Chilhowee Mountain
  • Chilhowee Mountain
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Bison Burgers and Fry Bread

  • Among my people, here again I am,
  • Preparing to be welcomed to the feast.
  • The “immigrant,” you’re undisturbed, at least,
  • Leaned back, as though you do not give a damn –
  • Before us, bison, sweet potato-yam,
  • And fry bread, not the bloated loaf of yeast
  • Which you would b e provided further east,
  • From family, with sauerkraut and ham.
  • Could I adore you any more? Black glasses
  • To screen your round, perceptive, Dresden eye,
  • At last, you try my fry bread, (no molasses),
  • Approving it with love – my German spy.
  • Our friendly, female Wolf Clan server passes.
  • You tip her, reverent as at Versailles.

From Chilhowee Mountain

  • When I look out from proud Chilhowee Mountain,
  • Upon a boulder balanced on the ground,
  • Subdued, I hear two crows call, with the sound
  • The rushing river utters like a fountain
  • Of voices lost and waiting, once more found.
  • I raise one hand to shade my eyes, no doubting
  • My deepest intuition, all around
  • Me nothing but the russet leaves and browned,
  • Snug fringe of my attire as I stand scouting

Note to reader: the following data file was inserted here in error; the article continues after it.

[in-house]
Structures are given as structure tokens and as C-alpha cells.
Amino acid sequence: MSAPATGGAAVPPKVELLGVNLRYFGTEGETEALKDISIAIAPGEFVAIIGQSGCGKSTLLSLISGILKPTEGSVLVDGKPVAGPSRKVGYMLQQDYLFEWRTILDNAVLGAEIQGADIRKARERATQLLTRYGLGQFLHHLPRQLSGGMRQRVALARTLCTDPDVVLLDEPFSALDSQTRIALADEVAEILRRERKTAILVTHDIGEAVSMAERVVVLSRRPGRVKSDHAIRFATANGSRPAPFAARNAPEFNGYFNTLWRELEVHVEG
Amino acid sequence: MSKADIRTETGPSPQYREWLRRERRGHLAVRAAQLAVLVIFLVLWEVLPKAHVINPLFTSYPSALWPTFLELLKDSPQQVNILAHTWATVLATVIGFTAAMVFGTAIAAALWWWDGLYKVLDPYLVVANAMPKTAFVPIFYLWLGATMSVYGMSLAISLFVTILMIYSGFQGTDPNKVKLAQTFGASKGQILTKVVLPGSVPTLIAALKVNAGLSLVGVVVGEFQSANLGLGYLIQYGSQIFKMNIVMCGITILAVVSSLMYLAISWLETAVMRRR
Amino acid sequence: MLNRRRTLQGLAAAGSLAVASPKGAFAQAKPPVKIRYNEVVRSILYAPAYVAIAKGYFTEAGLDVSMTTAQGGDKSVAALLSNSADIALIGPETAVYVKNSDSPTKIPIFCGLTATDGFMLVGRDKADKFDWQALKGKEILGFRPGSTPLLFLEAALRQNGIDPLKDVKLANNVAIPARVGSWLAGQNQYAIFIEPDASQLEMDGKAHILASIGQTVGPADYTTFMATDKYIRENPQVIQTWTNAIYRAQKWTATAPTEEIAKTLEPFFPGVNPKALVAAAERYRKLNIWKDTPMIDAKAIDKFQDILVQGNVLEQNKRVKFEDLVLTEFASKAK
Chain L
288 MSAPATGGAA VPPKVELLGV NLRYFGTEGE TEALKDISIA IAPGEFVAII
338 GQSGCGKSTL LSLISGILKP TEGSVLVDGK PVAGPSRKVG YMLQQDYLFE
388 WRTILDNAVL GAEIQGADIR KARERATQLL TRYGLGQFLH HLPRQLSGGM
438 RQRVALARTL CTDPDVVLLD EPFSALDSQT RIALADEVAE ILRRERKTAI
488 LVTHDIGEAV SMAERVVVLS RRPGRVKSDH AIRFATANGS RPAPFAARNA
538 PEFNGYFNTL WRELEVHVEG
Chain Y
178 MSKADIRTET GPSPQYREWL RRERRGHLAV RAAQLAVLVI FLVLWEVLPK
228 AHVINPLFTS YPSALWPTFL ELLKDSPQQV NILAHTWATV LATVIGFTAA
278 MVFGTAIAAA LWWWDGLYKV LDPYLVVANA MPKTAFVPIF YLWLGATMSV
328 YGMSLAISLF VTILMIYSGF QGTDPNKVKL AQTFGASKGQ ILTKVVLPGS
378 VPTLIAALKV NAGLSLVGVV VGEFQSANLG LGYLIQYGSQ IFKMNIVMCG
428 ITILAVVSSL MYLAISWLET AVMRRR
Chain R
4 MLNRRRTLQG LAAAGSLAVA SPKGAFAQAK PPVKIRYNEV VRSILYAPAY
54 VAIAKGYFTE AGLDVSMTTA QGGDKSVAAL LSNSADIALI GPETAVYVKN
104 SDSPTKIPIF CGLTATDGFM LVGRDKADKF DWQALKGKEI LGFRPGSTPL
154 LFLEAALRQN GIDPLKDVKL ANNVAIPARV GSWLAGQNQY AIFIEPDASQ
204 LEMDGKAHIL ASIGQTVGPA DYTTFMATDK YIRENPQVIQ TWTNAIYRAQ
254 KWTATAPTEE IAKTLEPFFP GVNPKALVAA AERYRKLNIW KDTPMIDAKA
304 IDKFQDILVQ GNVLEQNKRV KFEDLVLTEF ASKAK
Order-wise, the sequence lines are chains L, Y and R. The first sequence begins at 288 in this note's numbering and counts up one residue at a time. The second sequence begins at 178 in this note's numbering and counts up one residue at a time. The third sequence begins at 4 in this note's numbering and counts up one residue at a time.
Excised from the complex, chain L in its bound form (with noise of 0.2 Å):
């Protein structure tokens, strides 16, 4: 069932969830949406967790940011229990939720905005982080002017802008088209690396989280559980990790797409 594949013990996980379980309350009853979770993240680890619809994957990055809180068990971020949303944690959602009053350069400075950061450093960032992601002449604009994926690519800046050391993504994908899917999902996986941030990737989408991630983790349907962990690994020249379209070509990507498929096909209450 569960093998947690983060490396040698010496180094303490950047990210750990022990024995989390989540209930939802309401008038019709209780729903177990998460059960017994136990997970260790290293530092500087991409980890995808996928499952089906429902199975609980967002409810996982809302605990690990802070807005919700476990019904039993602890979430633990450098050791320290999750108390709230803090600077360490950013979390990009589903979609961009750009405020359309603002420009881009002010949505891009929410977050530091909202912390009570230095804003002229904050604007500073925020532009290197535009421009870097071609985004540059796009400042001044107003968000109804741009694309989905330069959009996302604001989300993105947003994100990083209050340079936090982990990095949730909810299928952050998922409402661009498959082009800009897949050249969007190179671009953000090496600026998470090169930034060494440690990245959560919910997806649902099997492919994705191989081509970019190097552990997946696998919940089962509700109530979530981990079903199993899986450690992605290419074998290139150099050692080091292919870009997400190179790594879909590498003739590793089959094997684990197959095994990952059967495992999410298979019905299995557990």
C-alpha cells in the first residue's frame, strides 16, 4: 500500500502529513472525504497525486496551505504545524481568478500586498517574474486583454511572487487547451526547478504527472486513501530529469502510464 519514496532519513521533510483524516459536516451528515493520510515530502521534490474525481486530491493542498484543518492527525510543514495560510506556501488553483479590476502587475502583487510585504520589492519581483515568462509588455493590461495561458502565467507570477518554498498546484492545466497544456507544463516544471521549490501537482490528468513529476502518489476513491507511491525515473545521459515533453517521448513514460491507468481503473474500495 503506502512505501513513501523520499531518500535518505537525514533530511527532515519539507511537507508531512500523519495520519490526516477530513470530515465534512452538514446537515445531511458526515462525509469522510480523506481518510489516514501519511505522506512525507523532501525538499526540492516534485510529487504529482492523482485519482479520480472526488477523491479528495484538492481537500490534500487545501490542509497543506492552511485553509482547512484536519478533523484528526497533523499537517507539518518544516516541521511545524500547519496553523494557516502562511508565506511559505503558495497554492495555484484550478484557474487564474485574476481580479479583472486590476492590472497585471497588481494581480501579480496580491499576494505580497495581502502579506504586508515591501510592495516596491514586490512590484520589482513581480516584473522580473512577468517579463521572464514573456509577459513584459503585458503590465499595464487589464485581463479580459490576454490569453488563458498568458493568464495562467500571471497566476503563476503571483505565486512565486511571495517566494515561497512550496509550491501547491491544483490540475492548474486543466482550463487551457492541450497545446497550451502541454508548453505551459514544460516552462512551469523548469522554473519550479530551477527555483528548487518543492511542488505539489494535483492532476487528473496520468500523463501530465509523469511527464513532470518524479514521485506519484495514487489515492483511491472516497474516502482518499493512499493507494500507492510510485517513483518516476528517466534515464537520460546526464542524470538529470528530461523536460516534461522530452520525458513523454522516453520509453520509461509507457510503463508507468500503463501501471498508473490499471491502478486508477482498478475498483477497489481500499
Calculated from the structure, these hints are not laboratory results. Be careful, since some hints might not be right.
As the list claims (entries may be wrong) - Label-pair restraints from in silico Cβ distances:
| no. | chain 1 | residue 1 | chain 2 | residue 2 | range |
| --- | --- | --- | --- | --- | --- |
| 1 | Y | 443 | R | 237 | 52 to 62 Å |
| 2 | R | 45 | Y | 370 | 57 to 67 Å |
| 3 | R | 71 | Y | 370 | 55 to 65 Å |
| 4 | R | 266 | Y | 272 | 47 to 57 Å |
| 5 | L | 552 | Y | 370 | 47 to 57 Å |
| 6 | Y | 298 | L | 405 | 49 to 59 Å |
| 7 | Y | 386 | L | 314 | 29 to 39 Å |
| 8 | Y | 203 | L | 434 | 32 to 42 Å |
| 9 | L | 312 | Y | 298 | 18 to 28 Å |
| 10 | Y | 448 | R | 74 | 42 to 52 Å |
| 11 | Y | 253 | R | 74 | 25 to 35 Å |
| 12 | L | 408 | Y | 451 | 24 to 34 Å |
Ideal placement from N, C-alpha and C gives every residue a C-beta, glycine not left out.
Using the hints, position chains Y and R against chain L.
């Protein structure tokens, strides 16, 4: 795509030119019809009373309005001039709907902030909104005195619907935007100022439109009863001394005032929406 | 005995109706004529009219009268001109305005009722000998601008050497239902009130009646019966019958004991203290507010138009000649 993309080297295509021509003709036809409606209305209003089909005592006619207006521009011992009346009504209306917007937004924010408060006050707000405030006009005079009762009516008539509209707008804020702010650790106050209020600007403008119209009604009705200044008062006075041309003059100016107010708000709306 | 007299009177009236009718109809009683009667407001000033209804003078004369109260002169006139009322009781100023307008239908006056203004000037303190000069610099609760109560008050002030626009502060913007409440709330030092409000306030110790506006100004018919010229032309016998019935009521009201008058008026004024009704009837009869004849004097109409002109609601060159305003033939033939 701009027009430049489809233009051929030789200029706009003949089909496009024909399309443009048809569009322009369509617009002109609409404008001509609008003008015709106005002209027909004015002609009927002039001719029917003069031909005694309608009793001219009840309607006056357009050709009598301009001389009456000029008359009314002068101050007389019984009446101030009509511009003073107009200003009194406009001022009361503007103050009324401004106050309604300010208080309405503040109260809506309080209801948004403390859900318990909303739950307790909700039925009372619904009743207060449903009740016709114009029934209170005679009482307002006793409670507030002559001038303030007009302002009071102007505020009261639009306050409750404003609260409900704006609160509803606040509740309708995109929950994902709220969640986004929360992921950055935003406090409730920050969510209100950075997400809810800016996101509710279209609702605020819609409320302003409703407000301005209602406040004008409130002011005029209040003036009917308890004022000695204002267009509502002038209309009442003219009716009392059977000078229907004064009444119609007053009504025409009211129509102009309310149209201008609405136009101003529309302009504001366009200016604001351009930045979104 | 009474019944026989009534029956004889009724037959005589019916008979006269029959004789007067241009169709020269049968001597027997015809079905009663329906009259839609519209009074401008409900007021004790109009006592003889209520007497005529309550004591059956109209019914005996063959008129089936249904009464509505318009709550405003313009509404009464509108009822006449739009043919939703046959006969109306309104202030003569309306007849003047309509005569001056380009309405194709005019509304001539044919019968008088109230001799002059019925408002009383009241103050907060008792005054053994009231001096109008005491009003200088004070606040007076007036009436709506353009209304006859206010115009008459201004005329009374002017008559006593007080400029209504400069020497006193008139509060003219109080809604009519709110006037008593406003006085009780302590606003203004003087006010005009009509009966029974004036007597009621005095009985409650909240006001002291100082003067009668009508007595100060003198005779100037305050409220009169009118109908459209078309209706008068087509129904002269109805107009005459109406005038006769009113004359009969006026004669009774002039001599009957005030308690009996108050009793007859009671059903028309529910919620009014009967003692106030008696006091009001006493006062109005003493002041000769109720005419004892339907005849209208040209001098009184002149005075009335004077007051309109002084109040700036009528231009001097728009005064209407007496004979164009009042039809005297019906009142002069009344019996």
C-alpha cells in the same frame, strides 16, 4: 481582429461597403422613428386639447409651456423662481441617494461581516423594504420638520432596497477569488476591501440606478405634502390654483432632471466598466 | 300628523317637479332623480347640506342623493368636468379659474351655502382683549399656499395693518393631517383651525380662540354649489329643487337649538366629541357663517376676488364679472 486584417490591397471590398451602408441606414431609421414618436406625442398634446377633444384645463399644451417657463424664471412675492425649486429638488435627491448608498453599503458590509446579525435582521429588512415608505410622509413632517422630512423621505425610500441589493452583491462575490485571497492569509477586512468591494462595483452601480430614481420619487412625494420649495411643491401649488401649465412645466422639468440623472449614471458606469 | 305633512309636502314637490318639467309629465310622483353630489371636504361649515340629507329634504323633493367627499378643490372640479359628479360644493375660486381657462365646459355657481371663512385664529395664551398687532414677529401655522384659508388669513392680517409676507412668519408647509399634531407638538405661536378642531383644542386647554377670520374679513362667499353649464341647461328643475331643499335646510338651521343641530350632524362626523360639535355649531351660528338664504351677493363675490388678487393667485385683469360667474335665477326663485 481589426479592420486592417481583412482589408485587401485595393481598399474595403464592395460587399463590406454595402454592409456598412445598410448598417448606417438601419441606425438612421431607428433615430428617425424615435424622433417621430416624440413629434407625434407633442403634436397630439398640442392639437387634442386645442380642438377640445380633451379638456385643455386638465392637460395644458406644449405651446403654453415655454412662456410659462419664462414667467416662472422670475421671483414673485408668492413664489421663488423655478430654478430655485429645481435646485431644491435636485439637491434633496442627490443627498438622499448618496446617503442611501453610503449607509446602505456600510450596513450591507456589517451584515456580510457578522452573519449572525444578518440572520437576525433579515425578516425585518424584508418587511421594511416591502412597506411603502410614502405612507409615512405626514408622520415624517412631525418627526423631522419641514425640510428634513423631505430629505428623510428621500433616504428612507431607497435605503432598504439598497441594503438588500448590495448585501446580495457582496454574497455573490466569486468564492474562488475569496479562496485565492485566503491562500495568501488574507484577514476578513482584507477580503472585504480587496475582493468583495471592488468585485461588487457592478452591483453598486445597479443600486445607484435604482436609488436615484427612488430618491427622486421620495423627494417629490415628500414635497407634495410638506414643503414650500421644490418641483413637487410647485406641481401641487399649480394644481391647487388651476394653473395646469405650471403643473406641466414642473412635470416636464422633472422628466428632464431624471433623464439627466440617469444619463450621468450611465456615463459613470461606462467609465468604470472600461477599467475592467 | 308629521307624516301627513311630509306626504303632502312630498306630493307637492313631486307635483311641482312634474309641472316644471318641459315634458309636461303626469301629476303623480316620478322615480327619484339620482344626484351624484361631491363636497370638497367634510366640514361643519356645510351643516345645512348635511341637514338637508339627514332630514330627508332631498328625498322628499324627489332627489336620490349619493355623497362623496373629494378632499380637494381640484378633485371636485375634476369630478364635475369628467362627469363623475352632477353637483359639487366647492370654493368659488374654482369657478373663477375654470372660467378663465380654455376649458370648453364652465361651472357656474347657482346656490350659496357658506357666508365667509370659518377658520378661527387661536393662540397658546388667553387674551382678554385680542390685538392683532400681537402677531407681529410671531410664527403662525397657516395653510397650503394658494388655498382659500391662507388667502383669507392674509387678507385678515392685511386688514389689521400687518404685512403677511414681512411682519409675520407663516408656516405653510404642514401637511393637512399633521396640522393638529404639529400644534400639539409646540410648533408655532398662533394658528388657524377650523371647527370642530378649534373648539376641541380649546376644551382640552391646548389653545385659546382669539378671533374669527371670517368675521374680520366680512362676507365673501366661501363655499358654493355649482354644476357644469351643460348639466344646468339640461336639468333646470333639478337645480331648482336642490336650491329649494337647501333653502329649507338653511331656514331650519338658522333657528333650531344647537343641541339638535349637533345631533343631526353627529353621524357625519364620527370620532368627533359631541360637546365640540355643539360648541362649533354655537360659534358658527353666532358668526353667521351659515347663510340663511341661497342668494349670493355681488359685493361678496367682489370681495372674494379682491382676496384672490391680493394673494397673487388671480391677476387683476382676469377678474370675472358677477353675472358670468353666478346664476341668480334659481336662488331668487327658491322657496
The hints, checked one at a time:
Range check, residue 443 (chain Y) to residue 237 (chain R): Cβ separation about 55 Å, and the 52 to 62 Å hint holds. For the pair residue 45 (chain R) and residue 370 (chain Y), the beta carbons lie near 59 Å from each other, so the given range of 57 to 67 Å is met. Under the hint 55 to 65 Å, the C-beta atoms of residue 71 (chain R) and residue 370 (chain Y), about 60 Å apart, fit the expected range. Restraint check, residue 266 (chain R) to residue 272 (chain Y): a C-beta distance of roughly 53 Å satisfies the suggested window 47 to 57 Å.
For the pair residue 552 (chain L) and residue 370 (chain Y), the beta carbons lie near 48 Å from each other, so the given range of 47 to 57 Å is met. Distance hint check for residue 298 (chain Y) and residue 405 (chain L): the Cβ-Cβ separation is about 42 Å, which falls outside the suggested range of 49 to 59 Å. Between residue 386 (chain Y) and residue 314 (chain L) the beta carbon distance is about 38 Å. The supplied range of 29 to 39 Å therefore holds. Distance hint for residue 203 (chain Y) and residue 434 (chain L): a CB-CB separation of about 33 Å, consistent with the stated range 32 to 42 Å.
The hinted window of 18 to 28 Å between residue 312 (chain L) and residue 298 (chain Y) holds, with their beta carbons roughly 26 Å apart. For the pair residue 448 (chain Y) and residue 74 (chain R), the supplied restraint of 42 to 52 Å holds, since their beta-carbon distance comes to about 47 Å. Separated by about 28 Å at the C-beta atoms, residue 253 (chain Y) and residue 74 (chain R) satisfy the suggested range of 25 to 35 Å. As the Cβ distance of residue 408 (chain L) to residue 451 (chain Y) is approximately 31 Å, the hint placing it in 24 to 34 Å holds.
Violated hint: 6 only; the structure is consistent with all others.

• The landscape from nine hundred feet in air.
  • The boulder is a soul beneath me, shouting,
  • Reminding me of my ancestral birth
  • Around this mound they call Spearfinger’s lair.
  • No bond exists to rival ours, on Earth.


  • My reservation is a reservation
  • Where Red Paint gazes at his mobile phone –
  • A transcendental Indian, alone
  • Adorned in the full feather of our Nation;
  • While Wildcat emulates his isolation,
  • Around his throat, a choker made of bone—
  • Suspicious, steady, ready to disown
  • His flesh and blood, with no clear explanation.
  • Along Main Avenue, they greet the tourists
  • Who hold a honeymooning hand, and laugh,
  • Who claim, “We share your shame. We share your grief.”
  • But Wildcat and Red Paint – grim as jurists –
  • Arise, to pose for one more photograph,
  • And only their sad eyes show disbelief.

Jennifer Reeser is a poet, critic, and a translator of French and Russian literature. Her most recent book is a novel-in-verse, The Lalaurie Horror (Saint James Infirmary, 2013).

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